Gospel Stands Up to Fierce Foes in Africa

A country in the heart of sub-Saharan Africa may have a population that is 30 percent evangelical Christian, but local missionaries are going to areas where assassination, witchcraft and persecution prevail.

Islamic extremist groups are a growing danger in Africa, but commonly the greater threat to Christians comes from Muslim relatives. In the country (unnamed for security reasons) where most people identify as Christian, a young mother who left Islam for Christ has been able to discreetly participate in small groups and other church activities only because her husband lives and works in another country.

“We are afraid that the day he finds out his wife has become a Christian, it will be a big problem, because in Muslim culture and belief, when a woman leaves Islam and mixes with Christianity directly, she is necessarily divorced,” the leader of a local ministry said.

She lives in a village with a large Muslim population, he said. Receiving Christ after local missionaries visited her home and shared the gospel, the mother of two children has a good reputation as one who is eager to help others, he said.

“In Muslim culture and belief, when a woman leaves Islam and mixes with Christianity directly, she is necessarily divorced.”

“Her life is being transformed day by day in a spiritual way,” the leader said. “Please pray for her and her children, as she loves to pray but is also afraid of her husband divorcing her. When I last saw her, though, she told me it’s better to leave her husband instead of giving up her faith in Christ. What faith!”

Muslim women whose husbands divorce them for leaving Islam are commonly left destitute. The leader said that if funding permits, the ministry would provide her with a small amount of capital to enable her to start a small business.


In another area that rough terrain makes difficult to access, social access is also problematic; villagers will not listen to any visitor who declines to drink the local highly alcoholic beverage, the ministry leader said.

“Sometimes that is a big trap to face,” he said. “It is an environment where 60 percent of the population believe in witchcraft, and the majority practice witchcraft. But by the grace of the God of Abraham, Isaac and Jacob, the God of mercy, we managed to plant a church there.”

Witchdoctors who put their faith in Christ gave up their satanic practices. Initially meeting under a tree, the church now worships in a tent and is gradually seeing the community transformed as many people give up alcohol, the leader said.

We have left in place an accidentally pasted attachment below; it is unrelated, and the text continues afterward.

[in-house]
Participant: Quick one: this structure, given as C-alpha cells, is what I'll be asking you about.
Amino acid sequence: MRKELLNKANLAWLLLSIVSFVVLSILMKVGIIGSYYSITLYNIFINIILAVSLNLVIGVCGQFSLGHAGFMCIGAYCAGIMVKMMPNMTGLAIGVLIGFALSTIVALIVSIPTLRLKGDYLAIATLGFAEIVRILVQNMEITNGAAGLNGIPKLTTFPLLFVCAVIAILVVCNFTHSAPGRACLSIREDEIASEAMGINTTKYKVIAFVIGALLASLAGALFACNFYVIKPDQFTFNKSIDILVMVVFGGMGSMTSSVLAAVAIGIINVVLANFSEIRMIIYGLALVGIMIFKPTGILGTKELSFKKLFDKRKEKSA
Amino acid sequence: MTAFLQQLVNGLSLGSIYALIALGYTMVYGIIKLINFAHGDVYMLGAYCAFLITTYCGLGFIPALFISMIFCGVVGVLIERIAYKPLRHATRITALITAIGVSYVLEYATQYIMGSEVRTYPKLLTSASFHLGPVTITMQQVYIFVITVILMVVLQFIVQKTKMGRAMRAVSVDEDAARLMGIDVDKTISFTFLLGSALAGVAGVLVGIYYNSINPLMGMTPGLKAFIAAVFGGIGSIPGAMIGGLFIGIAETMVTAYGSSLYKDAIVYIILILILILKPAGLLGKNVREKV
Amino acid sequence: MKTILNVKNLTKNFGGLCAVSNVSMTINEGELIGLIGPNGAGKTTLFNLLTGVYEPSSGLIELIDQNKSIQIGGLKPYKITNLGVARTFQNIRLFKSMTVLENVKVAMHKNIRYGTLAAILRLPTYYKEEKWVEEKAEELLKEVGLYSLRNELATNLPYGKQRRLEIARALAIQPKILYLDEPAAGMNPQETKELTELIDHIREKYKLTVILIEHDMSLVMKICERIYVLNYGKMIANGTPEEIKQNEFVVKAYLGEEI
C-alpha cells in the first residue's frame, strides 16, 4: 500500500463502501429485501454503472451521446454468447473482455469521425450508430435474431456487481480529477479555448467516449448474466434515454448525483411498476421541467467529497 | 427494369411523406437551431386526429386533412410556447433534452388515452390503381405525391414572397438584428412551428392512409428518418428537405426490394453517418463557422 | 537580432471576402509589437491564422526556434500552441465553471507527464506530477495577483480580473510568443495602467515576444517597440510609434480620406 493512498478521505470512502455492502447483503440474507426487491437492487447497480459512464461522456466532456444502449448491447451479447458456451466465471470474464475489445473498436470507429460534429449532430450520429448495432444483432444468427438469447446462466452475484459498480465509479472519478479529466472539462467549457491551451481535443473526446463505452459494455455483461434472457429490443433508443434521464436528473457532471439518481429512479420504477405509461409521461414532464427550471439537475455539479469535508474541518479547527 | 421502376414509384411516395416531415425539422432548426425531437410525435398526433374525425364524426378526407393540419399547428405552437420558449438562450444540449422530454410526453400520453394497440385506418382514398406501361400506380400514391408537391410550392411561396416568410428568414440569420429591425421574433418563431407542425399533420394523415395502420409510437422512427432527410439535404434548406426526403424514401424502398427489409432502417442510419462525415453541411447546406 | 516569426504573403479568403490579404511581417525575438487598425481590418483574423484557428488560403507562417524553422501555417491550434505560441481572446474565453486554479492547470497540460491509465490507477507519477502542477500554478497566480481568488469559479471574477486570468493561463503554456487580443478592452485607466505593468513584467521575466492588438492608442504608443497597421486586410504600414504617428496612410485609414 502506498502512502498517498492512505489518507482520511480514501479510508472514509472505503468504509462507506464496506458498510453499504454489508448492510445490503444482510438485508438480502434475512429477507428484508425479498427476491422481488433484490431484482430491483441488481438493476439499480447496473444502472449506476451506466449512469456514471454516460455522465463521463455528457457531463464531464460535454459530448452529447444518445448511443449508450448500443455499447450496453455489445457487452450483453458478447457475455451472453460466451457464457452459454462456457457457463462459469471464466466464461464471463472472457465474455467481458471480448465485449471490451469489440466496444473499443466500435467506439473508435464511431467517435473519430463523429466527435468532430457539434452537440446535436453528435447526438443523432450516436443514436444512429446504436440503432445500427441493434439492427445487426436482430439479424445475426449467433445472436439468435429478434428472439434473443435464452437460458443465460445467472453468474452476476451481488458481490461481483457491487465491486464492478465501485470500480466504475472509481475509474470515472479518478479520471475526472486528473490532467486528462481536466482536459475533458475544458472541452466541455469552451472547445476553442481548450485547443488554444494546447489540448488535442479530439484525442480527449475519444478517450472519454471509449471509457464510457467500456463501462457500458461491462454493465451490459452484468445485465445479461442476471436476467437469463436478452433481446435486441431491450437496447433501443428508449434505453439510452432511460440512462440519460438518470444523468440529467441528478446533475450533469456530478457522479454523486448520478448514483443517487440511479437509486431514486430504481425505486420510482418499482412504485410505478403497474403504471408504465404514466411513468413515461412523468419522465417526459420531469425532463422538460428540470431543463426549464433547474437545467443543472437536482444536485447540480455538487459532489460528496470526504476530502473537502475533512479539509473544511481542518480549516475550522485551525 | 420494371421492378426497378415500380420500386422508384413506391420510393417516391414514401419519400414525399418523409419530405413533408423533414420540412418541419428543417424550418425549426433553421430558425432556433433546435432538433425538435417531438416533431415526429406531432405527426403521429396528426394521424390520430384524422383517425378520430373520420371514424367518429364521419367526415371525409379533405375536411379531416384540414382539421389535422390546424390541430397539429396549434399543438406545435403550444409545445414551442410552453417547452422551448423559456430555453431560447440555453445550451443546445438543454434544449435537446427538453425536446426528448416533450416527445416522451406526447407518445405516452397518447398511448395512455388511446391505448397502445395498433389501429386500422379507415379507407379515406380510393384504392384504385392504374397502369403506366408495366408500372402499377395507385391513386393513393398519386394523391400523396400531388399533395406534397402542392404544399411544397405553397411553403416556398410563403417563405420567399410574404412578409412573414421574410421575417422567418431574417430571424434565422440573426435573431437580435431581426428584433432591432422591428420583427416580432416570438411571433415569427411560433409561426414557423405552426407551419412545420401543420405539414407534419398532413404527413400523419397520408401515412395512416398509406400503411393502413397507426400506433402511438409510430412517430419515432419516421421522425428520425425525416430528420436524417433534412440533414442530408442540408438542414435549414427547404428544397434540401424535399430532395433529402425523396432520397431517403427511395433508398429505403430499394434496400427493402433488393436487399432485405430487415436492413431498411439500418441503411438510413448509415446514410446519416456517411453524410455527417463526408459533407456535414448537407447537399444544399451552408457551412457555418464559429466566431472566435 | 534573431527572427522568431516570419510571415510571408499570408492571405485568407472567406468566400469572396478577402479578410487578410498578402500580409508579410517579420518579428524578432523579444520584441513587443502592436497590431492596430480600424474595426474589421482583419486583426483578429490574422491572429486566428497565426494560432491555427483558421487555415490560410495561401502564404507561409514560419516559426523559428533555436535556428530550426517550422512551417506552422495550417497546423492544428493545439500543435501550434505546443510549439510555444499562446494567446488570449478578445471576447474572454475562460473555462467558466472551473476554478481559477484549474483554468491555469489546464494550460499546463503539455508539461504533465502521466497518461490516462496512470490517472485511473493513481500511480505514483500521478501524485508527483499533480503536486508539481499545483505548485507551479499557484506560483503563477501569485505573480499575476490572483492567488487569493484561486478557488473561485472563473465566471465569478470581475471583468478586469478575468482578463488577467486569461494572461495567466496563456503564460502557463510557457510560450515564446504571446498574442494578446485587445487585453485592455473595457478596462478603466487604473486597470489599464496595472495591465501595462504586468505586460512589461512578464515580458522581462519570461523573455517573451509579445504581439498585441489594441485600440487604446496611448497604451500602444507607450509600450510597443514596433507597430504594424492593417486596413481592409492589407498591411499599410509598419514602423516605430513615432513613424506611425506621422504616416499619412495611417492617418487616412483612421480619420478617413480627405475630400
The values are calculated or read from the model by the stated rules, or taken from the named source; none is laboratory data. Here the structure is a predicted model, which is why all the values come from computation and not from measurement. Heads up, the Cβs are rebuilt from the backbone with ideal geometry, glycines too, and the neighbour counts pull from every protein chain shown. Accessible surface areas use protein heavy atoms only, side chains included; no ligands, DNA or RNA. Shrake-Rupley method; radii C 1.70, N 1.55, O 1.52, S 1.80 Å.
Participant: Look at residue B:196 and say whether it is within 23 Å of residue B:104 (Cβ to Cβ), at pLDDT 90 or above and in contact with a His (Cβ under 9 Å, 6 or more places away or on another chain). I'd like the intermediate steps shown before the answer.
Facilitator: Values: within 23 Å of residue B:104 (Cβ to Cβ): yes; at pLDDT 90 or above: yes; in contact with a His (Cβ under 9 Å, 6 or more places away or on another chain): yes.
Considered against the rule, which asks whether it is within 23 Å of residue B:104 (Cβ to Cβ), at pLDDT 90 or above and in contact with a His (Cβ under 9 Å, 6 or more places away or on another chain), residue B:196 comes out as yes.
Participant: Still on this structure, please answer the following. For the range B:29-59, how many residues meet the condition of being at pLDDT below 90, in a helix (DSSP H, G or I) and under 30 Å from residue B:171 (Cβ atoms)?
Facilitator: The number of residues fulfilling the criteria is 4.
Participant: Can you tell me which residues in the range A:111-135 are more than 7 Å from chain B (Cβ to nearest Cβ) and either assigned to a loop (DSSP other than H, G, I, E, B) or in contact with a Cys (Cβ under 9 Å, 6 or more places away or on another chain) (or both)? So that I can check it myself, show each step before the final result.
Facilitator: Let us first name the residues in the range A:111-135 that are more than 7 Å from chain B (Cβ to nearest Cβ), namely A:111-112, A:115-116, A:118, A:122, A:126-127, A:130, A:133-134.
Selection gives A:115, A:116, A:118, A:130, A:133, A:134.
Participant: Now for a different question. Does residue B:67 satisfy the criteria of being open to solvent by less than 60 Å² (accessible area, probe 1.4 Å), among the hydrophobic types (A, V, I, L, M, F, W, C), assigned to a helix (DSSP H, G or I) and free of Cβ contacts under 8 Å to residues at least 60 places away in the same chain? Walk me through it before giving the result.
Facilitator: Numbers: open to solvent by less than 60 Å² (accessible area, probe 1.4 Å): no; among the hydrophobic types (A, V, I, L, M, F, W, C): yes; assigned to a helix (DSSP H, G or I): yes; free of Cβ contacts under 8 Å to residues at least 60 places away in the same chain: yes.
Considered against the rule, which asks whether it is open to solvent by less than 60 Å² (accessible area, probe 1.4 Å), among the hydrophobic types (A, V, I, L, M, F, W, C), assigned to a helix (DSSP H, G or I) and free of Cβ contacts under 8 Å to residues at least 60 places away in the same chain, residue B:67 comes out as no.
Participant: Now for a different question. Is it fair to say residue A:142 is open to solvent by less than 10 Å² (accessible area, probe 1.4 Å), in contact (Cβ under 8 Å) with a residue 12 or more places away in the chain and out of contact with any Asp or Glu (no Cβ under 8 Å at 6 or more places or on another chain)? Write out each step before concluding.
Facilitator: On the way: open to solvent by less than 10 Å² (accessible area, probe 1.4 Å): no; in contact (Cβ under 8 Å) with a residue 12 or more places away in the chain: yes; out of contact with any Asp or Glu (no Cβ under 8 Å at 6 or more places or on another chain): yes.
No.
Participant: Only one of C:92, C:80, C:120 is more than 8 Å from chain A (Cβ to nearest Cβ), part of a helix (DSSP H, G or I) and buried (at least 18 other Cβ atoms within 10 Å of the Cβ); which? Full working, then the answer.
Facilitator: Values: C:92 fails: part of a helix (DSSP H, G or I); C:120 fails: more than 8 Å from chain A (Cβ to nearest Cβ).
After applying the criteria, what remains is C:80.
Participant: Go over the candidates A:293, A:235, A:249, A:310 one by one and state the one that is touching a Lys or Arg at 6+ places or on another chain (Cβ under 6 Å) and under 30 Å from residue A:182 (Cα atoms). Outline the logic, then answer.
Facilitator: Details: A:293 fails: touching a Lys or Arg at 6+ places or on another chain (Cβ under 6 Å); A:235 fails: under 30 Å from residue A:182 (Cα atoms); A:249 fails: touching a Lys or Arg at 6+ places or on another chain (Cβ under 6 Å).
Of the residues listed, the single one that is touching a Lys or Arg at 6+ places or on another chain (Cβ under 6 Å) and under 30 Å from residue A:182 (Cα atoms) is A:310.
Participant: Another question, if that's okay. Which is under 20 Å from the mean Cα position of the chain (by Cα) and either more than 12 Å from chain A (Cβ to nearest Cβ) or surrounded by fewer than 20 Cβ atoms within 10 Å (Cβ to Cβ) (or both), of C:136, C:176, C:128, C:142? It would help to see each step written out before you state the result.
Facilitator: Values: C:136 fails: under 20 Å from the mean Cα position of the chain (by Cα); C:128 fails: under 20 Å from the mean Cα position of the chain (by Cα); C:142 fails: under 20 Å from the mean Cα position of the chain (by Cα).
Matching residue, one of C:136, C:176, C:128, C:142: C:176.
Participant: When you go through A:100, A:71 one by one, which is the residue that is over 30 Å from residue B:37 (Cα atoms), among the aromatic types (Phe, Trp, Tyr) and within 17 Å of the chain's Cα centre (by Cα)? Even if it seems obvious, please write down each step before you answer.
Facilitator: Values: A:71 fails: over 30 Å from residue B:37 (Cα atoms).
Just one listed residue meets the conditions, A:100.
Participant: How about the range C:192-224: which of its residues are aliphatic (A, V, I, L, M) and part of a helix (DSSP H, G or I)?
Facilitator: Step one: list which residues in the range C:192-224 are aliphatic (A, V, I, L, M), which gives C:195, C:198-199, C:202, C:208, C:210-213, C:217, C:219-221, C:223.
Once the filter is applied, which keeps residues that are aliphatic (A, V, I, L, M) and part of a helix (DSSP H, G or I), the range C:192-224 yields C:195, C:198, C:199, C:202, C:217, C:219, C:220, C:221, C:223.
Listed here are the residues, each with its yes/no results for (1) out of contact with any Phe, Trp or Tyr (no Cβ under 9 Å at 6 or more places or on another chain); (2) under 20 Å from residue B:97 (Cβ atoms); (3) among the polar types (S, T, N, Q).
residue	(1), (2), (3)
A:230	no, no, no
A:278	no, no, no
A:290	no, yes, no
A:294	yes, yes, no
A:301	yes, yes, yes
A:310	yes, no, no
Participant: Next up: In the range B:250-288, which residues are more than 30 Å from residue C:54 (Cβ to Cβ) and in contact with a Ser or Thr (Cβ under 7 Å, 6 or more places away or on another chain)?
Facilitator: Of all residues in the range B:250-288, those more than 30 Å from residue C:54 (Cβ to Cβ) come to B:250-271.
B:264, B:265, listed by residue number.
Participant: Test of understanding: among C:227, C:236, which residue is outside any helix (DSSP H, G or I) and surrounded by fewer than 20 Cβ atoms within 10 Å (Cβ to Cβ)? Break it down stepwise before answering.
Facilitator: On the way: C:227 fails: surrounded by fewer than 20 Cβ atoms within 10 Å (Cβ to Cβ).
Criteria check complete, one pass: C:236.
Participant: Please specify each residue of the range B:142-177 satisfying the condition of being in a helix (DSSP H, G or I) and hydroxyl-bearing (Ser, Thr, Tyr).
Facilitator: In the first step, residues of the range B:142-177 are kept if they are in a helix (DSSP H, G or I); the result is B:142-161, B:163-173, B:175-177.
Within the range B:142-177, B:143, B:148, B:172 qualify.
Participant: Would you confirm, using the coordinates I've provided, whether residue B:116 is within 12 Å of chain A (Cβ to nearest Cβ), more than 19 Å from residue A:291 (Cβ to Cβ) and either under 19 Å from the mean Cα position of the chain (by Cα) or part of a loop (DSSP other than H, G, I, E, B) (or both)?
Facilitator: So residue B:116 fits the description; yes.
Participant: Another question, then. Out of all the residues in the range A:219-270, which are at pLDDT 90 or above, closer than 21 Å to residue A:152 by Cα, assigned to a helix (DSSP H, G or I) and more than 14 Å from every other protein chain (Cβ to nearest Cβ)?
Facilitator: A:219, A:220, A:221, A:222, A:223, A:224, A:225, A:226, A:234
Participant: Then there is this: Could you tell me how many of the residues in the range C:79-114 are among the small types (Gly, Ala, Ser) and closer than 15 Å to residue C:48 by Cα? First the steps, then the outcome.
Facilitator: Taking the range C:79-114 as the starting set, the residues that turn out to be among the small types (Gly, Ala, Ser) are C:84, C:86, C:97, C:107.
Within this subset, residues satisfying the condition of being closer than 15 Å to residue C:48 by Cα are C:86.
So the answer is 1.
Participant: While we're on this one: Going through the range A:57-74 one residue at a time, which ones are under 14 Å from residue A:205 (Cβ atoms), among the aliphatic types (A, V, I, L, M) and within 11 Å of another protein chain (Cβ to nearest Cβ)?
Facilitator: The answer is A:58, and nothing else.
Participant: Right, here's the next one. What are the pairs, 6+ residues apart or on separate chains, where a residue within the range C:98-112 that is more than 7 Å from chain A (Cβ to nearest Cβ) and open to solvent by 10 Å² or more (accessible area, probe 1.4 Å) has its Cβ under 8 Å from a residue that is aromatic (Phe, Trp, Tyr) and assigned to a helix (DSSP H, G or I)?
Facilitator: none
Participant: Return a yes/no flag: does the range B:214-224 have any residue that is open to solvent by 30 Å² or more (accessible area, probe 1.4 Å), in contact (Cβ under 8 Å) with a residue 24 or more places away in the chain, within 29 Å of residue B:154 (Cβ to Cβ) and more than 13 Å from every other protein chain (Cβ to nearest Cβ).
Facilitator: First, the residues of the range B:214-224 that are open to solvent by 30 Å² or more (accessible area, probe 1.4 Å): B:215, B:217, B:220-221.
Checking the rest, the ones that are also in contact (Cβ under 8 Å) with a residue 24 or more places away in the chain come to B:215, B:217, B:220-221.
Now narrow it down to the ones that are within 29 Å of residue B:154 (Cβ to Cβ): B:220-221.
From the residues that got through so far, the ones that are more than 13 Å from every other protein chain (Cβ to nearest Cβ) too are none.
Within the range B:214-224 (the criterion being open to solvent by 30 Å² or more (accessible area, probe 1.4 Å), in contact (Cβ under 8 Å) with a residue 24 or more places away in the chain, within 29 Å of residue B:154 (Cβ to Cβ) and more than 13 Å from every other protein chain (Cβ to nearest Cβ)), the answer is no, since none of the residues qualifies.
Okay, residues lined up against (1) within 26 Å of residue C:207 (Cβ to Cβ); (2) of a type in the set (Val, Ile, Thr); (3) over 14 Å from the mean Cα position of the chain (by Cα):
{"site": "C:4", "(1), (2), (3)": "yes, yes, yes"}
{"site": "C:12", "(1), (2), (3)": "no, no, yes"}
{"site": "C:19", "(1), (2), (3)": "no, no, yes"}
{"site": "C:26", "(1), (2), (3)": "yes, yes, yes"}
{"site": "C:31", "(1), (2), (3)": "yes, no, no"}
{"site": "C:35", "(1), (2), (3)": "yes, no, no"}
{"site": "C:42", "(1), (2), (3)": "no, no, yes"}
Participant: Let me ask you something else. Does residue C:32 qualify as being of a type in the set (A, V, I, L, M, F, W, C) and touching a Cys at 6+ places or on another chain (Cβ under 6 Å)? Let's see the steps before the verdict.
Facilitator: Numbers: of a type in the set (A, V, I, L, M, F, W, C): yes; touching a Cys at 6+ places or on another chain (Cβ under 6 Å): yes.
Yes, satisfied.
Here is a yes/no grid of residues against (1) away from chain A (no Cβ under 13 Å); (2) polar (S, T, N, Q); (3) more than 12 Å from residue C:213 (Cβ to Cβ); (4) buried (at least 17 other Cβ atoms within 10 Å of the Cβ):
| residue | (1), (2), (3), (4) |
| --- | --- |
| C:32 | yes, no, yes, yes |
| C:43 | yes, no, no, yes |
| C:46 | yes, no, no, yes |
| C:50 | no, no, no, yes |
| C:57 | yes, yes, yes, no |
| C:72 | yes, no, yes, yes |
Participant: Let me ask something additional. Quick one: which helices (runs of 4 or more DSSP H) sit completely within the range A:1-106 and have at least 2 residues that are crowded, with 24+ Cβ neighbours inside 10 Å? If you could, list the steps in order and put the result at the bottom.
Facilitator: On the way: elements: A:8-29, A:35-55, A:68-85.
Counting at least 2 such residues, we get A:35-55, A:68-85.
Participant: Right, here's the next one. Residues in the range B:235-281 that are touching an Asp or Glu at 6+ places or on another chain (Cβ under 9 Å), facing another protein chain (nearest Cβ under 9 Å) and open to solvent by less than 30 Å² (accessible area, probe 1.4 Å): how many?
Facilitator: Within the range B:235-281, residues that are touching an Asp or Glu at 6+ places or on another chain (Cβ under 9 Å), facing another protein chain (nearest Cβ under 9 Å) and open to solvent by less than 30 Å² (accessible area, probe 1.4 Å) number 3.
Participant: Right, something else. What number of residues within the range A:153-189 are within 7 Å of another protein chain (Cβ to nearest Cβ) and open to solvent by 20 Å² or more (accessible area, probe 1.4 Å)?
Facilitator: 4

“There have been healings among the sick,” he said. “One day I visited our church members as usual and met a family of six who were seriously ill. They didn’t have the money to come to the health center, and they all had the same symptoms of malaria. After praying, I gave them some money so that they would be able to go to the health center for treatment.”

Everyone in the family recovered, a strong testimony to the community, he said.

“Today almost the entire community comes to our Sunday service to praise and worship God in His greatness,” the leader said. “Because of the multitudes of Christian Aid Mission supporters, the people praise God regularly.”


Besides the challenges of COVID-19 restrictions, local missionaries have also seen recent heavy rains and flooding destroy church buildings and homes.

“We have lost our family members and brothers and sisters in Christ,” the ministry leader said. “Although we have been through many challenges, we have seen Jesus Christ work during our evangelistic ministry.”

Workers have seen God’s hand in home visits and Bible distribution, as well as in sports programs organized for youths. Small prayer cells and Bible training in homes help new believers grow and introduce seekers to Christ.

“As a result of this prayer cell strategy, even Muslims who are afraid to join our Christian faith publicly prefer to be part of those cells to be taught the Word of God without compromise,” the leader said. “Sometimes we baptize them at night.”

As a result of the ministry’s various outreaches, 96 people put their faith in Christ over a six-month stretch, he said.

“We had a great opportunity to share the gospel with many people,” he said. “More than 13 new believers were baptized, and 27 church leaders were trained on how to bring the gospel to lost people, including Muslims.”

Local missionaries with another ministry in the same country carry out similar outreaches, and likewise their discipleship training includes helping new believers share their testimonies.

Workers came across a former rebel militant who said he had assassinated politicians of various political parties. He confessed this after hearing the gospel, putting his faith in Christ and vowing to stop killing, the leader of the local ministry said.

“He said he has never heard the word of repentance like what we were preaching that time,” the leader said. “He repented, and he will be baptized. So because of what God is doing for this man, his family has followed him; they are all coming for worship. We thank God for that, please pray for him and his family.”

Workers are leading people from all walks of life to eternal life in Christ in Africa. Please consider a donation today to equip them for the task.

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